WAZ Media Group Boss Slams 'Abuse of Power' in Balkan Media
Bodo Hombach, director of German WAZ Media Group, which operates many newspapers in the region, has voiced sharp criticism of abuse of power and collusion between governments and oligarchs throughout South-Eastern Europe, writes German daily Handelsblatt Monday.
Speaking about a planned complete pull-out of the region, Hombach said that it is motivated by the unfavorable business climate caused by “widespread abuse of power.”
“The close intertwining of oligarchs and political power is poisoning the market,” stated Hombach.
In Bulgaria, WAZ owns dailies Trud and 24 Chasa – some of the most widely circulated Bulgarian newspapers.
In Serbia, WAZ is staging a pull-out planned to end by the end of 2010 after a full-scale conflict with the Serbian government on the occasion of WAZ's failed bid to buy daily Novosti.
Handelsblatt writes that Serbia is a “special case” for WAZ, for it was even “chased out of the country” by the government.
Nevertheless, the WAZ director feels an overall lack of trust for the whole region of South-East Europe.
“Oligarchs in the Balkans are more and more buying for themselves in order to exert political influence, not in order to win money. We cannot stand up to such market-destroying competition,” said Hombach.
In Bulgaria there is widespread controversy surrounding Irena Krasteva, owner of New Bulgarian Media Group, which has been aggressively buying out periodicals for some years. End of June WAZ Bulgaria managed to get the New Bulgarian Media Group fined over breaching the rules of loyal competition.
In Monday's Handelsblatt WAZ director Bodo Hombach denied WAZ's venture into the Balkans to be his creation, saying ironically “this honor does not belong to me.”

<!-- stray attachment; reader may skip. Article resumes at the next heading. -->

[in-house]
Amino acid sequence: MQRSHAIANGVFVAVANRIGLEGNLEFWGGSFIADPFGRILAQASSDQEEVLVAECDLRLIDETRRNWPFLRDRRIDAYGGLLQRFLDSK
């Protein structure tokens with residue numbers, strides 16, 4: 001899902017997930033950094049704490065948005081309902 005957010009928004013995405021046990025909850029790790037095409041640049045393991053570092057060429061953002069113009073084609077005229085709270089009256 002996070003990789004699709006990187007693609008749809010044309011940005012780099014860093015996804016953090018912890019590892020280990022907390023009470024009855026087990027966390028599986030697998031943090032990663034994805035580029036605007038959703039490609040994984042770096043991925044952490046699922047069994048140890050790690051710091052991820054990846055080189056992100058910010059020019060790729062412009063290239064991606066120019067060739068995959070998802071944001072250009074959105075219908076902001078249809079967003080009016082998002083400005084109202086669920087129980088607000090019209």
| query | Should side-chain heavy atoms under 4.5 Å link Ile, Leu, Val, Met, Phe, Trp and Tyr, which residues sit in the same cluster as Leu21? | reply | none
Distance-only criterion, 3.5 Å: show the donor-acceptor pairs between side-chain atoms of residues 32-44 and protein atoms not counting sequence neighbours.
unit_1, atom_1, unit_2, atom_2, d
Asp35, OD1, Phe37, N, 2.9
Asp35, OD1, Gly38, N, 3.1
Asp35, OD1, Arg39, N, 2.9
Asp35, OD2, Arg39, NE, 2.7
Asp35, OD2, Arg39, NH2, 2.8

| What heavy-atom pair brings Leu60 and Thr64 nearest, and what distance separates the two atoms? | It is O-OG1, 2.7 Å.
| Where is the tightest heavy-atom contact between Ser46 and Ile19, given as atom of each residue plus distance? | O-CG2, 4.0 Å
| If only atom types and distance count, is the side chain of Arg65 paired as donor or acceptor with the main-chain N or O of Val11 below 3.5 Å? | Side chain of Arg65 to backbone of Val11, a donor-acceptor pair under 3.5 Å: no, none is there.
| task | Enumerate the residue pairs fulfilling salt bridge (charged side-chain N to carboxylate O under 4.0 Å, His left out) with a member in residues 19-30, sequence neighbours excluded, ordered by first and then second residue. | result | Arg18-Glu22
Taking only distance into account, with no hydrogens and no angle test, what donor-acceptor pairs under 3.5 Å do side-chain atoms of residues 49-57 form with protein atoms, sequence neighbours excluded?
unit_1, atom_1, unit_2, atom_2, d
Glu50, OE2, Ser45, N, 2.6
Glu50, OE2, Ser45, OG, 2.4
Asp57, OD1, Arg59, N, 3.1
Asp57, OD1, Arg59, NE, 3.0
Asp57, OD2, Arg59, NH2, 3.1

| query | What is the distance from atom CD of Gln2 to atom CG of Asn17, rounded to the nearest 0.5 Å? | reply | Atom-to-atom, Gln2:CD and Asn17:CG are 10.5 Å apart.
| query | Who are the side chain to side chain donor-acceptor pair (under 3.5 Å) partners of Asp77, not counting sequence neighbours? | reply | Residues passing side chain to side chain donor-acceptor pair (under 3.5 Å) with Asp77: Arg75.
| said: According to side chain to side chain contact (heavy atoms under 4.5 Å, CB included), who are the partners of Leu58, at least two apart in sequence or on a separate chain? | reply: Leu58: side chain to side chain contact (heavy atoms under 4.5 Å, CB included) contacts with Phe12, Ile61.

“Precisely because I've known the Balkans very well and for a long time, I didn't want to export any WAZ models there and I advised to step in more carefully,” said he.
Hombach, who has held senior positions in the German federal government and is a member of the Social Democratic Party, was EU Special Coordinator of the Stability Pact for South-East Europe , 1999-2002, before becoming the head of WAZ.
Handelsblatt also mentions worsened advertisement markets in the region as a motive for a WAZ pull-out, mentioning a 70% drop in the Romanian newspaper advertisement market in 2009.
Hombach further expressed worries about the economic and political development of Serbia, as well as its EU accession, styling the WAZ conflict there as a “test case.” He vowed to inform relevant EU commissioners of what WAZ experienced in Serbia.
Handelsblatt reports a “dramatic” drop of foreign direct investments to Serbia, from USD 2.99 B in 2008 to USD 1.92 B in 2009, writing that “Foreign investors are holding themselves ever more strongly at a distance from Serbia.”
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